Healthy Eating

Find Out Why Ditching The Diet Could Be The Best Thing For Your Health

Whether you’re after a healthy mind, bank balance or relationship, we’ve got all your wellbeing needs covered this month

It’s safe to say that COVID-19 has plunged our world into chaos. Back in March, offices up and down the UK were forced to lock up their beige filing cabinets and decamp – and many of us are still tapping away at the kitchen table. But while working from home has its benefits (goodbye, insufferable high heels), unlimited access to the fridge may lead to a spike in life-threatening illnesses, including obesity and liver disease. A new YouGov survey commissioned by the British Liver Trust has revealed that 42 percent of people in the UK admit to gaining weight since lockdown began, with a third of people also claiming that they’re eating more sugary and processed foods than usual. Time to dust off the diet plan, right? Wrong. Like everything else right now, diets are all about sustainability, so here’s how to lose weight the modern way.

Deciding to diet

Raise your hand if you’ve ever been on a diet. If you’re sheepishly putting yours up, you’re certainly not the only one. It’s said that women and men across the UK spend an enormous amount of time trying to lose weight, with two thirds of Brits admitting that they’re on a diet ‘most of the time’. So what makes us decide to change our eating habits in the first place? Dr Juliet Rosewall, a clinical psychologist and co-author of Heal Your Relationship with Food, believes it’s because a slim physique for women is portrayed as desirable. “This means that being in a larger body is judged and that it’s something to be ashamed of, which leads to negative attitudes [and the belief that] a smaller body equals happiness and success.” Toxic body shaming doesn’t exactly sound like the ideal way to spark a positive new eating plan, does it?

Compliment confusion

We all love receiving compliments, be it a comment on your new haircut or an outfit that someone admires. Well, the same goes for weight loss. Although well-intended, commenting on a person’s weight and associating that with an aesthetic quality can sometimes do more harm than good, according to Dr Rosewall. “When someone says ‘Wow, you look great – have you lost weight?’ it can be problematic, especially if they have used unhealthy or extreme methods to acquire this body shape. By focusing on that, we are inadvertently reinforcing the belief that a person is only valuable or worthy of praise if they’re a certain weight or shape.” So, how do we start formulating more constructive compliments? “When commenting on others, try to highlight the positive parts of their personality, or the things about them that actually matter – not just their appearance.”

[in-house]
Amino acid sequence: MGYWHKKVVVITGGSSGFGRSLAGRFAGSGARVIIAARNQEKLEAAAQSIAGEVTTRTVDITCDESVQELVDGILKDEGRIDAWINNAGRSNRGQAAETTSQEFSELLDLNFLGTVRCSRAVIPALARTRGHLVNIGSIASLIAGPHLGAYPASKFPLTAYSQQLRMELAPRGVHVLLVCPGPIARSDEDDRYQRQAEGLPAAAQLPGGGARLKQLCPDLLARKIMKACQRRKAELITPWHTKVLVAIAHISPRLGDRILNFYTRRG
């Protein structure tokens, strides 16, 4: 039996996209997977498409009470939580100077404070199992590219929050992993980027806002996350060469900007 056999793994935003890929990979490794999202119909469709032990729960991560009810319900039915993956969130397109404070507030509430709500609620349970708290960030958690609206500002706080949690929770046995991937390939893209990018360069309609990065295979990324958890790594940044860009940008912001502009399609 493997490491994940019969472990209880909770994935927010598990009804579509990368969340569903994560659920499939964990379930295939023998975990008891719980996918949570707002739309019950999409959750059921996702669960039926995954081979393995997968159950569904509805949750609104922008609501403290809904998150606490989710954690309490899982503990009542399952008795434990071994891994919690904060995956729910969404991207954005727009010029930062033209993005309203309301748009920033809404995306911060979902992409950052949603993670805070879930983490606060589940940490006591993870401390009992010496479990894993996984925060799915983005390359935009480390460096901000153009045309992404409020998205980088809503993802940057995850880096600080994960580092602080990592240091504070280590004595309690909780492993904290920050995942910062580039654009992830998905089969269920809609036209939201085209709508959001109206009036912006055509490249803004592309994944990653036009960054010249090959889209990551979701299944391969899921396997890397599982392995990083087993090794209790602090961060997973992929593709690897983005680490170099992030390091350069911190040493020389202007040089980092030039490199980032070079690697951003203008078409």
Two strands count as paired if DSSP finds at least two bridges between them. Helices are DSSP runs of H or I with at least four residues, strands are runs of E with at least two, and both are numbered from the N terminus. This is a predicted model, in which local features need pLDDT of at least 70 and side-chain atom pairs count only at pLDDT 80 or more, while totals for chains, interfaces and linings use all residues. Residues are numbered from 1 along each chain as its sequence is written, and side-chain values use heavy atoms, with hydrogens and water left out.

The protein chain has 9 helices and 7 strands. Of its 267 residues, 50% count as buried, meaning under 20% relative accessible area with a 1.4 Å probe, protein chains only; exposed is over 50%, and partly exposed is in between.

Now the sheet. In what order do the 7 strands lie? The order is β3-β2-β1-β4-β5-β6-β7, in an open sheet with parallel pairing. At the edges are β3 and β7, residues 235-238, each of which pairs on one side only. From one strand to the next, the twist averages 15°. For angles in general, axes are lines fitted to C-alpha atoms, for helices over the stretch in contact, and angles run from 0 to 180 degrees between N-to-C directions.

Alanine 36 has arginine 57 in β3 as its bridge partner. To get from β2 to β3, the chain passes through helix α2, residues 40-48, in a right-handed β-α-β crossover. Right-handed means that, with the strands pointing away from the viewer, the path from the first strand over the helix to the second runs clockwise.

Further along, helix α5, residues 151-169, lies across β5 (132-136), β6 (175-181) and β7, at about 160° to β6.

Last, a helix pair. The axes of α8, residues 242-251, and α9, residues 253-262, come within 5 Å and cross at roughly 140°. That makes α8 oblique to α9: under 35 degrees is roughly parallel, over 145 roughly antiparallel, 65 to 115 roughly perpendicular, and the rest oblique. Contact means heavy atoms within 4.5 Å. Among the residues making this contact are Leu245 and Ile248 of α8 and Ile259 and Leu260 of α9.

The yo-yo effect

All too often, diets promise structural freedom and control when, in fact, experts warn that they can be unbalanced nutrition plans that encourage individuals to develop an unhealthy relationship with food. “Just like drug addiction, people can develop an obsession with food, and when people try to cut out certain food groups, for example, they can experience similar withdrawal symptoms and behaviours [as addicts],” explains Dr Deborah Lee, health writer and doctor at Doctor Fox Pharmacy ( “Food cravings associated with calorie restriction are a common reason for sticking to the diet in the first place, thus resulting in increased levels of stress, anxiety and depressive symptoms – especially if we fail to lose weight and give up again.”